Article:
Reuters: U.S. Secretary of State Condoleezza Rice voiced skepticism on Thursday about sweetening incentives for Iran to halt sensitive nuclear work and urged tighter enforcement of U.N. sanctions against Tehran.
By Arshad Mohammed
LONDON (Reuters) – U.S. Secretary of State Condoleezza Rice voiced skepticism on Thursday about sweetening incentives for Iran to halt sensitive nuclear work and urged tighter enforcement of U.N. sanctions against Tehran.
"Diplomacy has many forms … and it's not always a matter of sweeter," Rice told reporters as she flew to London for meetings on Friday about Iran's nuclear program and aid to the Palestinians.
The five permanent U.N. Security Council members and Germany will meet to discuss their long-stymied effort to persuade Iran to suspend uranium enrichment, a process that can produce fuel for nuclear power plants or for atomic bombs.
The United States and some of its allies suspect Iran of using its civil nuclear program as a cover to develop atomic bombs. Iran denies this, saying its program is to generate electricity so it can export more of its oil and gas.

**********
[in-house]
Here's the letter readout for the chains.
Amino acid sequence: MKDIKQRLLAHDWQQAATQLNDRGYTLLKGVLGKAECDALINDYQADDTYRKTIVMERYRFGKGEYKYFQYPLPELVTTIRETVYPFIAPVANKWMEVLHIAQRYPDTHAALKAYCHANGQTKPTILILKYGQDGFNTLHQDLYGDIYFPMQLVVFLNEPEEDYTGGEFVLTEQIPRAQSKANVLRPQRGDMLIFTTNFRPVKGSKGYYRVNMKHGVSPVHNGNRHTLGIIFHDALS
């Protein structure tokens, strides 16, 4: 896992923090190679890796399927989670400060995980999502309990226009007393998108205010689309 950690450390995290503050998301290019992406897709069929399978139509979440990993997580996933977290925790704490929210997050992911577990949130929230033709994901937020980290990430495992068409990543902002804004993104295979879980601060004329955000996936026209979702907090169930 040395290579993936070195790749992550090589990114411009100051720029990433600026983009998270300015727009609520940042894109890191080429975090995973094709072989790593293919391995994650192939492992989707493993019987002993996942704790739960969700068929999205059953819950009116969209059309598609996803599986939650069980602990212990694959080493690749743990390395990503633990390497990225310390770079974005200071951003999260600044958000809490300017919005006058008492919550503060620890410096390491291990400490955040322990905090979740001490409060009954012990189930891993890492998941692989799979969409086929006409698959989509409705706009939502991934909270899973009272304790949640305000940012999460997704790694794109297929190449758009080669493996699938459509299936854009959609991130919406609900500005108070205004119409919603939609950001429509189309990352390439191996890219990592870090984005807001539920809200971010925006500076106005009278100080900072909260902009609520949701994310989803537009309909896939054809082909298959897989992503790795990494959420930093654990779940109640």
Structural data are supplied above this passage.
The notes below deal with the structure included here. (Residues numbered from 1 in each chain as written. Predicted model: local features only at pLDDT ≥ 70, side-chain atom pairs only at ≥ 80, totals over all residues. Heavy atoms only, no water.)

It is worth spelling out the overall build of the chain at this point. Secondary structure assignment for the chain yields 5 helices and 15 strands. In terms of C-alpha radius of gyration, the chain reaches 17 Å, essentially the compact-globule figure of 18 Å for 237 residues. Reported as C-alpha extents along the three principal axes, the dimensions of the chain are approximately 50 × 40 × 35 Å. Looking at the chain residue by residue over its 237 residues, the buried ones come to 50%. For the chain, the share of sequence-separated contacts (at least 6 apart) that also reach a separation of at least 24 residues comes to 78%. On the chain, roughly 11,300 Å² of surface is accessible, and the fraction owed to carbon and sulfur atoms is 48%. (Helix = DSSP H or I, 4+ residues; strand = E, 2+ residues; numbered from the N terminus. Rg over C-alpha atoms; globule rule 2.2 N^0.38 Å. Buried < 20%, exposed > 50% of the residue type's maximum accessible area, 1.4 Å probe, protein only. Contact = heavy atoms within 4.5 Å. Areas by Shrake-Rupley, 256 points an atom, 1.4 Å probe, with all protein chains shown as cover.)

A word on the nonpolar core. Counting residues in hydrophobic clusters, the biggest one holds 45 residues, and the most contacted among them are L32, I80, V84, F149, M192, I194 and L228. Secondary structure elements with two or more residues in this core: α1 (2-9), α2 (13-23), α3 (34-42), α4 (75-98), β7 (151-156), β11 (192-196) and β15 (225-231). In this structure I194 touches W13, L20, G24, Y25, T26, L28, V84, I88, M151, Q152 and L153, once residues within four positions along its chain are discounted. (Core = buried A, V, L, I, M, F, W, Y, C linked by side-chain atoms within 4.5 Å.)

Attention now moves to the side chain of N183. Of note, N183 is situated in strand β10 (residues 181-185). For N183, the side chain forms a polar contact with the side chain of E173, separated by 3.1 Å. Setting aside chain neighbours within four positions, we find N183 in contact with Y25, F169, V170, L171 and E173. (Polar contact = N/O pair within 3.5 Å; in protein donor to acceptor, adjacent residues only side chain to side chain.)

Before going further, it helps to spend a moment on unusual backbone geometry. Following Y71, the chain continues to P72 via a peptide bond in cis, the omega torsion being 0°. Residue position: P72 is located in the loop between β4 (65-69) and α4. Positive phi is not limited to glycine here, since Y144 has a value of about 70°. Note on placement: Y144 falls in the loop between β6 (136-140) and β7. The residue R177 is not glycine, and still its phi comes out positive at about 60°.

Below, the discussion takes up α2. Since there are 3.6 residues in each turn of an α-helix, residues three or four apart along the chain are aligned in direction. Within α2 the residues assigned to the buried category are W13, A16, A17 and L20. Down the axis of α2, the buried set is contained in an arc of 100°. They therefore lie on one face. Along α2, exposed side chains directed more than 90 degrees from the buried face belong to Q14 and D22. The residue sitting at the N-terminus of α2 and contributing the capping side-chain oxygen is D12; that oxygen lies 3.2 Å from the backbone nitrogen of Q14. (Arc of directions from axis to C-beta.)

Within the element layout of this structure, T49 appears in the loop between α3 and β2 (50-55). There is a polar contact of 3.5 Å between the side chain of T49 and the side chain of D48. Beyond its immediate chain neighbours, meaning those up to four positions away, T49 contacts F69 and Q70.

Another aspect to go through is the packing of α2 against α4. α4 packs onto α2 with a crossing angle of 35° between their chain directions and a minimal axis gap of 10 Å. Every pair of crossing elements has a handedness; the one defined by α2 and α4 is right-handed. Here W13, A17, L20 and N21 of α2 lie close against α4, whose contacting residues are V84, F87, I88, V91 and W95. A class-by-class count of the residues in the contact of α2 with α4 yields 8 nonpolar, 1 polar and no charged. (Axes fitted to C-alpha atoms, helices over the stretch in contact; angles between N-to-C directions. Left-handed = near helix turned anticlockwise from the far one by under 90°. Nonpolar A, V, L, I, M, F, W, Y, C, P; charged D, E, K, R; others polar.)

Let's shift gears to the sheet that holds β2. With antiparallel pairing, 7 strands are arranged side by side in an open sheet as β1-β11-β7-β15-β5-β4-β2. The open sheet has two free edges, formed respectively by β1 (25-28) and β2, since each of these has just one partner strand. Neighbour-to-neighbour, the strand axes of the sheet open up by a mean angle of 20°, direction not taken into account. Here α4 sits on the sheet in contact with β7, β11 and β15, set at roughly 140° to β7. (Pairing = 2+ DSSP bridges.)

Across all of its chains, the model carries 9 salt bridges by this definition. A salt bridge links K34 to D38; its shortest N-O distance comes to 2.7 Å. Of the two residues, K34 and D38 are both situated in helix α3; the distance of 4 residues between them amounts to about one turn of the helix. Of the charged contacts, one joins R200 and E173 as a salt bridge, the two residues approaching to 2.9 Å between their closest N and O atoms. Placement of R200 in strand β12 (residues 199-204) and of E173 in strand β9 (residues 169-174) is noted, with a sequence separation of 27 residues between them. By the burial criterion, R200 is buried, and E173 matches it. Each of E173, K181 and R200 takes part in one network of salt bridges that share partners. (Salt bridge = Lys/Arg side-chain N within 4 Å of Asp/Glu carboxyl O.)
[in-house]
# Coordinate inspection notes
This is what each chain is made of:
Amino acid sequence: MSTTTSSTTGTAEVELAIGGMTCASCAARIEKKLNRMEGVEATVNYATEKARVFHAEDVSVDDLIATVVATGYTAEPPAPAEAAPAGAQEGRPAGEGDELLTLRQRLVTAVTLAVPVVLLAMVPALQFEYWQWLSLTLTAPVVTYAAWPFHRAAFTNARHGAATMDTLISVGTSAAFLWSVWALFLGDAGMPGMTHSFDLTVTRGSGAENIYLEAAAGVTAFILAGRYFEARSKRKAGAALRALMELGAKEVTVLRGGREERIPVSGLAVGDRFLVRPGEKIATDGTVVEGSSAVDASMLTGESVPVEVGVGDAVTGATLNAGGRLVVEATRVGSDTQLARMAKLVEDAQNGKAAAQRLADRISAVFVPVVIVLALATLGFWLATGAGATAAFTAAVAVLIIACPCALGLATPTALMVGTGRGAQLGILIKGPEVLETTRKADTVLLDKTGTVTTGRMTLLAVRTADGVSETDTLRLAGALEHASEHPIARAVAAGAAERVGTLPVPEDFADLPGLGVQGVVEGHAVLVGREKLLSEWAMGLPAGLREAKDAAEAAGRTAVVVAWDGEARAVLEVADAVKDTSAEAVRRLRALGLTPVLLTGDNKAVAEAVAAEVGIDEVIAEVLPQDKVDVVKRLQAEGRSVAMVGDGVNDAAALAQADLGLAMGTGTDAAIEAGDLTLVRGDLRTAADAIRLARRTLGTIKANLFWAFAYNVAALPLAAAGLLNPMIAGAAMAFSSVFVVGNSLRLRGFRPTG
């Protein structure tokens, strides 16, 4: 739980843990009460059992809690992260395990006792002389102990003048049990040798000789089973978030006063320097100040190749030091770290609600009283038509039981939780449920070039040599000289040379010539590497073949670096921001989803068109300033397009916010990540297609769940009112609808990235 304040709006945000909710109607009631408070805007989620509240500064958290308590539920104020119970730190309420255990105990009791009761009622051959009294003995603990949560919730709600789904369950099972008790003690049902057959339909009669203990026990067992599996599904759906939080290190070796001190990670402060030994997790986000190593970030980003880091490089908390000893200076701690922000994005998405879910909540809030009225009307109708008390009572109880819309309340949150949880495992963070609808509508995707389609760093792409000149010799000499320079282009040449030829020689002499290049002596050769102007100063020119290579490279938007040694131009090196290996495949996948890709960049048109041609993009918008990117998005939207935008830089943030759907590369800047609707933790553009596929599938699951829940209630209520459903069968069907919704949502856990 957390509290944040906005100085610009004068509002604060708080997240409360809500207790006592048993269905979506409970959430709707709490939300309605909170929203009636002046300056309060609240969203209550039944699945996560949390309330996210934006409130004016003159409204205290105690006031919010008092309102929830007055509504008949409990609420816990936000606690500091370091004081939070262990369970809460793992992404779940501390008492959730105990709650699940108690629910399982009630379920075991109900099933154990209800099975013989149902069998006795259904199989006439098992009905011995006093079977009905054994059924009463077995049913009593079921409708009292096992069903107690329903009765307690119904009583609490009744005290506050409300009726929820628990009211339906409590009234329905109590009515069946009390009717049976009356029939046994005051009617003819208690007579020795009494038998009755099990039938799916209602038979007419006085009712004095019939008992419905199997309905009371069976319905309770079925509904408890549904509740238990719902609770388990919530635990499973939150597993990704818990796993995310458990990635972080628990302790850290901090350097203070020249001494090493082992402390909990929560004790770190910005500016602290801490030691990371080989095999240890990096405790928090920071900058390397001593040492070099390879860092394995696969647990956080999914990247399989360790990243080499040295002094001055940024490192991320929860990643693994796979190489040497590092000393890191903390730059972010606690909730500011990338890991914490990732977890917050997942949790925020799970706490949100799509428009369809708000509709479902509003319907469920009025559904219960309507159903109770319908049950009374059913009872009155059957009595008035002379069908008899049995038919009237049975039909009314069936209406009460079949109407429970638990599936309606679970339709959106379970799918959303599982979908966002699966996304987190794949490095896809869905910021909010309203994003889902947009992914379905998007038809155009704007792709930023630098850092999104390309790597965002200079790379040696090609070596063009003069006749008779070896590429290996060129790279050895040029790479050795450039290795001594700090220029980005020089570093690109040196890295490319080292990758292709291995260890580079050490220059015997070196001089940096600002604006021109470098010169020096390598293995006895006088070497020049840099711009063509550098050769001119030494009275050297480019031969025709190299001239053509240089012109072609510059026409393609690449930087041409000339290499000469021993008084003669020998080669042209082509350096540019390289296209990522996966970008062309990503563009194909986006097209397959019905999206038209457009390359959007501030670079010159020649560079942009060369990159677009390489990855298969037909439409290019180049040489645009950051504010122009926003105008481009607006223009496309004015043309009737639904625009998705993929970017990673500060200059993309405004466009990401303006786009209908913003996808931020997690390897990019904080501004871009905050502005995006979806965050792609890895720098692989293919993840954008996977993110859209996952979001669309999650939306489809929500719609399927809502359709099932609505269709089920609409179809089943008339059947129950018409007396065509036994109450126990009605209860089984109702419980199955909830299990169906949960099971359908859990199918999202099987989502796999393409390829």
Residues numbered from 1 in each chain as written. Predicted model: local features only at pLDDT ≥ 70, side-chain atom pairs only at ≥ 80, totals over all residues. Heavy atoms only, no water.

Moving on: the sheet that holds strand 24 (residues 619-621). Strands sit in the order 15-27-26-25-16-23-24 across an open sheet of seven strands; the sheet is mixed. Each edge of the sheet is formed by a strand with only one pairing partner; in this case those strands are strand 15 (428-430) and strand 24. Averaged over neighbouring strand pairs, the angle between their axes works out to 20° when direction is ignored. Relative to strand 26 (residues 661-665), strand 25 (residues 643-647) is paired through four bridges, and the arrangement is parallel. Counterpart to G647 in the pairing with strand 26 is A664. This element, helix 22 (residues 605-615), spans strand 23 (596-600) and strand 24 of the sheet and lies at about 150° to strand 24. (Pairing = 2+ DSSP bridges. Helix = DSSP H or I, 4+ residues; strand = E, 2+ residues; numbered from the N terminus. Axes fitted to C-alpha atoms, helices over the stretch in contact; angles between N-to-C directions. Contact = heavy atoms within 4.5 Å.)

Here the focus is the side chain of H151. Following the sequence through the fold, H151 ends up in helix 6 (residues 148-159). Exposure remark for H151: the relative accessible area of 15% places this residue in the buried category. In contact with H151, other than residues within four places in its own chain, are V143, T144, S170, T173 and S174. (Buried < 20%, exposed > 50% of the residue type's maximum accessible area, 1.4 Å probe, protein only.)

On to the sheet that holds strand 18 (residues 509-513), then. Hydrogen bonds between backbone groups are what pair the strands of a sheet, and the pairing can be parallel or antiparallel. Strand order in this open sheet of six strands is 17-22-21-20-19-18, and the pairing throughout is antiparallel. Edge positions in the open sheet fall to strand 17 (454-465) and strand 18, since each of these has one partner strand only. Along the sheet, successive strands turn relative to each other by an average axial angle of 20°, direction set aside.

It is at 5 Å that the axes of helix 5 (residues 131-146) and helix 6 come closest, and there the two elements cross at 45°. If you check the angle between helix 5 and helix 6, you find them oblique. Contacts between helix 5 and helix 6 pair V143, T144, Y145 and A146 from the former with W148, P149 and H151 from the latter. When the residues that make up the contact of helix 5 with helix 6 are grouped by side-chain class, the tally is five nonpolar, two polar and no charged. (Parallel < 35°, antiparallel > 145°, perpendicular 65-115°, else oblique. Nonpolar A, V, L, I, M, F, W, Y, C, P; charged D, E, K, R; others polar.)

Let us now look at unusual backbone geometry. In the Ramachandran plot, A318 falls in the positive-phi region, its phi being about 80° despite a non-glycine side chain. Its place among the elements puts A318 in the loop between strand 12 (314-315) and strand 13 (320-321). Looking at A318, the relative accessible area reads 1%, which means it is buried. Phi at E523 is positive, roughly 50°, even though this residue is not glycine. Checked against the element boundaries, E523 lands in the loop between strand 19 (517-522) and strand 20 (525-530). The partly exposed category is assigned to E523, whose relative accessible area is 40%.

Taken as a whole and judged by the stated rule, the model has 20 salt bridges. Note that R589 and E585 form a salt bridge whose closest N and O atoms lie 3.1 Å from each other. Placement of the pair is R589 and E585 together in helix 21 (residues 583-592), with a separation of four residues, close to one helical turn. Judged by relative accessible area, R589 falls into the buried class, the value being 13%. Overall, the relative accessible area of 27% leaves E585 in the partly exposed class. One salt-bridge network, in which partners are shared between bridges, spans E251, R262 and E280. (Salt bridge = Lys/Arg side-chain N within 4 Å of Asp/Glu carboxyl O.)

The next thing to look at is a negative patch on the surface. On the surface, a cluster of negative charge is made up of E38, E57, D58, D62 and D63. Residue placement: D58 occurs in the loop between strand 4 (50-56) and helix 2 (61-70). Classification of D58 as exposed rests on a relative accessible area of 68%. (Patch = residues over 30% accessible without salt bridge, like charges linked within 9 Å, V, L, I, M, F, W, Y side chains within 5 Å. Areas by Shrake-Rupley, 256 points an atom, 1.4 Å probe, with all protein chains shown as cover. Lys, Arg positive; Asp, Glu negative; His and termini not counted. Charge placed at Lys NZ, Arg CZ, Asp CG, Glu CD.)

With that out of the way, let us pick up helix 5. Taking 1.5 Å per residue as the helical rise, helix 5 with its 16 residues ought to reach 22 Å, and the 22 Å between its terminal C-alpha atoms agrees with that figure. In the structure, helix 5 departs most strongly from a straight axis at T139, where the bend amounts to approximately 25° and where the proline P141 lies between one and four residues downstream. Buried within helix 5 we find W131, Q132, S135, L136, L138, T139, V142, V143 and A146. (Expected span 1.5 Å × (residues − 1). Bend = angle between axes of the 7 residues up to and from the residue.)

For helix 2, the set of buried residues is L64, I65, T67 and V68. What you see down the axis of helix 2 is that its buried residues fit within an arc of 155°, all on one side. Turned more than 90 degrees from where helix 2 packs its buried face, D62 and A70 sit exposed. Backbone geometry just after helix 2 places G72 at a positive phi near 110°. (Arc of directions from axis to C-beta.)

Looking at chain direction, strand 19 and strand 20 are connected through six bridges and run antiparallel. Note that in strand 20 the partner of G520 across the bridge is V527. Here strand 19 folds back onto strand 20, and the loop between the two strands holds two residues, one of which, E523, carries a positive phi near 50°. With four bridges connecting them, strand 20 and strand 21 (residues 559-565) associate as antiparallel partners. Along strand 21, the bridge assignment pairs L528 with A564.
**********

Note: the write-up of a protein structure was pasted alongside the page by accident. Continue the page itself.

Foreign ministers from the six major powers — Britain, China, France, Russia, the United States and Germany — plan to examine an idea championed by Russia of dangling more carrots before Iran.
Tehran has so far spurned a June 2006 offer of incentives from the six and has brushed off three U.N. Security Council resolutions that imposed sanctions for its failure to halt the nuclear work.
The benefits offered to Iran if it suspended uranium enrichment and negotiated with the major powers included civil nuclear cooperation and wider trade in civil aircraft, energy, high technology and agriculture.
While saying she was open to discussing a modest improvement in the incentives package, Rice made clear she saw little chance of this working.
"The Iranians haven't shown any interest — I don't care what's been put before them — in doing what they need to do, which is to suspend enrichment and reprocessing," said Rice.
"Nothing has been able so far to change the fundamental problem … It's Iran, that's the problem." she said.
"We've got to intensify our efforts on the U.N. Security Council resolutions themselves. I believe there is plenty in the …. resolutions that if fully implemented, fully executed, fully used, will increase the pressure on Iran."
Rice will also attend a meeting in London of the quartet of Middle East peace mediators — the European Union, Russia, the United Nations and the United States — and a gathering of Palestinian donors.
(Reporting by Arshad Mohammed)